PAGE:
About a year ago I was tickled pink with Diary of a Wimpy Kid, a film adapted from the first book of a successful series by Jeff Kinney. I suppose it did decent business worldwide to warrant a follow up film, adapting from the second book in the series called Rodrick Rules, where the premise is focused more on within the Heffley family, in particular between Greg (Zachary Gordon), now in seventh grade, and his older brother Rodrick (Devon Bostick), while yet still holding onto its quirky comedy and shenanigans set in school.
David Bowers, who did Flushed Away and Astro Boy, takes over from Thor Freudenthal to direct this installment of the wimpy kid, though still retaining some signature elements such as the animation design which come directly from the books. We're reintroduced to the Heffley family, and it's pretty amazing how the sheer amount of incidents and subplots start to take their own life, providing slices of life moments from puppy love to sibling rivalry. There's Greg's infatuation with new student Holly Hills (Peyton List) with whom he tries too hard to get acquainted with, his friendship with best friend Rowley (Rober Capron) taking a hit because he refuses to be Rowley's sidekick for a magic show in the town's talent contest, and the continuing bullying of Rodrick on Greg, one which culminated in the latter running around in his underwear at an old folks home.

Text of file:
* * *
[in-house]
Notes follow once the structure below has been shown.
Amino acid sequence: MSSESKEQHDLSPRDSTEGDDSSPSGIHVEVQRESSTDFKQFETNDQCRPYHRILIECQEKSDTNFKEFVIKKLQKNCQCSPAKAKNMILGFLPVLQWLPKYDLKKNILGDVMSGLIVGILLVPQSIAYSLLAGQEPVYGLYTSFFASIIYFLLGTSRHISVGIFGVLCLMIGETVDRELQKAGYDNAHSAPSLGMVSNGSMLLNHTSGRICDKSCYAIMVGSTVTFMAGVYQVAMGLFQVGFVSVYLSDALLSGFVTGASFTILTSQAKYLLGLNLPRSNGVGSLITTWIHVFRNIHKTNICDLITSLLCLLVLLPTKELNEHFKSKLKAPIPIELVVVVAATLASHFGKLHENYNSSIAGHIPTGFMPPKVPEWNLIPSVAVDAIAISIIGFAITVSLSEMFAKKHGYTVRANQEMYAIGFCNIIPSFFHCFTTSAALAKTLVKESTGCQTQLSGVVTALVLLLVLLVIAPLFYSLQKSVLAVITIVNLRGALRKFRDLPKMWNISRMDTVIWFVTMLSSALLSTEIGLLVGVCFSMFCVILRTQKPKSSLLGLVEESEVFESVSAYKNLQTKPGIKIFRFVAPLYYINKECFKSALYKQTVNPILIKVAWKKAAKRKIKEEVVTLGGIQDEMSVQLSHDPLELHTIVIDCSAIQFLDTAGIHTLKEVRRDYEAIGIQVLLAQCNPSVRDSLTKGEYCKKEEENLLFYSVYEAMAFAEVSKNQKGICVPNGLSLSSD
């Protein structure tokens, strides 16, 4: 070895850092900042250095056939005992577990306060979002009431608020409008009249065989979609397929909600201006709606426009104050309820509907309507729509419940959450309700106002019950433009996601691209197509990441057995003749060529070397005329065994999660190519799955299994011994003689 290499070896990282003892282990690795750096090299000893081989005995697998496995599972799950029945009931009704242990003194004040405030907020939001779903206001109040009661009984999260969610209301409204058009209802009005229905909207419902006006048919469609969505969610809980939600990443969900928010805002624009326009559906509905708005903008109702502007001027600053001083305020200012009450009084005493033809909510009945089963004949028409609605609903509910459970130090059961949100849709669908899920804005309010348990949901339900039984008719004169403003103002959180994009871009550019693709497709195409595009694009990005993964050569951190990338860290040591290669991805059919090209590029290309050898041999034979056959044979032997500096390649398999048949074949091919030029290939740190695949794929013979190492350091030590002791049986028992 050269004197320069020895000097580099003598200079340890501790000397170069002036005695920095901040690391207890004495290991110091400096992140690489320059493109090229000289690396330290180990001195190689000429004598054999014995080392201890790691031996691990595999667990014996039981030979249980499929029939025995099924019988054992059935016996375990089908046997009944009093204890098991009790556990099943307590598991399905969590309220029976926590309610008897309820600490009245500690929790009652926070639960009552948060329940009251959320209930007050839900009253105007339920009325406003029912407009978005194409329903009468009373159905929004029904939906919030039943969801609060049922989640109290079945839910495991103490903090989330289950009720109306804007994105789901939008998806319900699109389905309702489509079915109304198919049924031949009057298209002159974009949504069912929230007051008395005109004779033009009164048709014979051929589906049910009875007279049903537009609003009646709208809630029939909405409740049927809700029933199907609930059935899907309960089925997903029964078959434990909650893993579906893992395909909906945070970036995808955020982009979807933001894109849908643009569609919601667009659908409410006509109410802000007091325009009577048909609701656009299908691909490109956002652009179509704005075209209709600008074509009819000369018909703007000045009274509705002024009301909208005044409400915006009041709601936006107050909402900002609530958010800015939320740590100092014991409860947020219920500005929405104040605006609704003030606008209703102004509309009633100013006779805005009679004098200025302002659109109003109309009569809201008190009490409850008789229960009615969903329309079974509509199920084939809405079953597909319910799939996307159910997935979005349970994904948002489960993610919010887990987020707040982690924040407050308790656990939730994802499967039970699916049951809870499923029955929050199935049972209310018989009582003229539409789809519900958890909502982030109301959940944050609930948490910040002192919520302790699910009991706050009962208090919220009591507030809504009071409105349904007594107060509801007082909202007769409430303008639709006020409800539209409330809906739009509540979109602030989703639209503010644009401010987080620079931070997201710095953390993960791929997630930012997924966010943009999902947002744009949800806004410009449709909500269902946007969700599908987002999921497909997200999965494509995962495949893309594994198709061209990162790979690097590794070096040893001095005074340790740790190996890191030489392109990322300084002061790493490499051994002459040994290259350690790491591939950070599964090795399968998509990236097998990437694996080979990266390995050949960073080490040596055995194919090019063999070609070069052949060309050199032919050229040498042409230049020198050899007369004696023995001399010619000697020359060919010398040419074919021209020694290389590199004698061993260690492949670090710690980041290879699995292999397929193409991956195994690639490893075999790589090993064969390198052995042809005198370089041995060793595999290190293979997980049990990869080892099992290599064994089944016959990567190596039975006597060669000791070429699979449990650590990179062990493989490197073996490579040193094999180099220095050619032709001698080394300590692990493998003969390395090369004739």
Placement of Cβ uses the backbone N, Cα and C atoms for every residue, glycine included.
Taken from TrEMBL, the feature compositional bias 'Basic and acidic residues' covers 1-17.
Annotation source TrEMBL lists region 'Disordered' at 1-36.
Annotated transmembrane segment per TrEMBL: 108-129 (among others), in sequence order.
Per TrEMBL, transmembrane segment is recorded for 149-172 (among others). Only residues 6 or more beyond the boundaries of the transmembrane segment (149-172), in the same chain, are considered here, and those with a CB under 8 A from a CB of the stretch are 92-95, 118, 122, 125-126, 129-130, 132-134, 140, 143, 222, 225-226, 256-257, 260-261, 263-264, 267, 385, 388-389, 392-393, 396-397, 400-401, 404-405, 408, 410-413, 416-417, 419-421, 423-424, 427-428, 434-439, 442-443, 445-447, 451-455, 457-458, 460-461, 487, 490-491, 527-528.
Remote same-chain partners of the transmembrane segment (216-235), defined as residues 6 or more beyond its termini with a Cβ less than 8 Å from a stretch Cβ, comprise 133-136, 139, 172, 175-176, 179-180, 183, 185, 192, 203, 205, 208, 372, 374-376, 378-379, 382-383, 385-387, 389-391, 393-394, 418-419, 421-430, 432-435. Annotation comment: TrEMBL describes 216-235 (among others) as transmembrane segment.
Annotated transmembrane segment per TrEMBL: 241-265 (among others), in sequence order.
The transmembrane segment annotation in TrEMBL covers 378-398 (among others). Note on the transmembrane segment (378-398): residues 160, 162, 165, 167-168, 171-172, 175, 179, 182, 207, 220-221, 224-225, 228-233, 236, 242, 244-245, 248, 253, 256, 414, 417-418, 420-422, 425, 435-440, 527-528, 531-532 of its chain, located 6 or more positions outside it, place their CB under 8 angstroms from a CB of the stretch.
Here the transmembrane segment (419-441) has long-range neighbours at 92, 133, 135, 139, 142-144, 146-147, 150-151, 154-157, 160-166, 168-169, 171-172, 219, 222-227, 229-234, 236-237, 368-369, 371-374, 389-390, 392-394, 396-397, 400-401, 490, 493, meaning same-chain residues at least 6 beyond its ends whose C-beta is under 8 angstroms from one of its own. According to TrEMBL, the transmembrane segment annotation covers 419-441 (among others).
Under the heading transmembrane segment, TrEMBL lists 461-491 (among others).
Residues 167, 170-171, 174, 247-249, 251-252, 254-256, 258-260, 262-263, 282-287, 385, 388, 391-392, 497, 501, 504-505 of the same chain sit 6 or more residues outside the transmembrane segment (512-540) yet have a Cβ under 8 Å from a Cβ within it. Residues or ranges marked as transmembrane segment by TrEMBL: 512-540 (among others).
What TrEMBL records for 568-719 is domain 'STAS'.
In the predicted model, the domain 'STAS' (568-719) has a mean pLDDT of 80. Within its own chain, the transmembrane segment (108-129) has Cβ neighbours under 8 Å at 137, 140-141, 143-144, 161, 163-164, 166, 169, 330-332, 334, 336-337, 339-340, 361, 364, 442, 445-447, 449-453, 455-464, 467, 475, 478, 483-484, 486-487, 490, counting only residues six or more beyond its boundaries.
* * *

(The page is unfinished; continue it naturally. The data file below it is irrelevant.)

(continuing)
Those are but three of the many comical situations found in this installment, coupled with a house party that cannot be mentioned, but of course there's no smoke without fire, and what worked here is that most times things get set up for the fall only much later, coming in as sucker punches complete with rip tickling delivery. There's no wasted scene in the film, and everything sprawls out and collapses back nicely, in part I guess having a source material laying out a roadmap for the narrative to follow, with nice little easter egg touches that connects this film to its predecessor, such as the remnants of the Cheese Touch.
Don't expect very sophisticated direction here, as it may look and feel like an extended sitcom episode. But in all honesty the little tales that make up this film are nothing to scoff at, made all the more fun by the myriad of side characters / caricatures. There are still three more books to go, and I'm unsure if they will be turned into movies, though if they do, it better be fast before the child actors all grow up. Definitely recommended, and for its targeted demographics, I'm sure this will speak volumes to them, especially on its message of blood being thicker than water, and how siblings, no matter the rivalry, will always be subject to a quick patch up.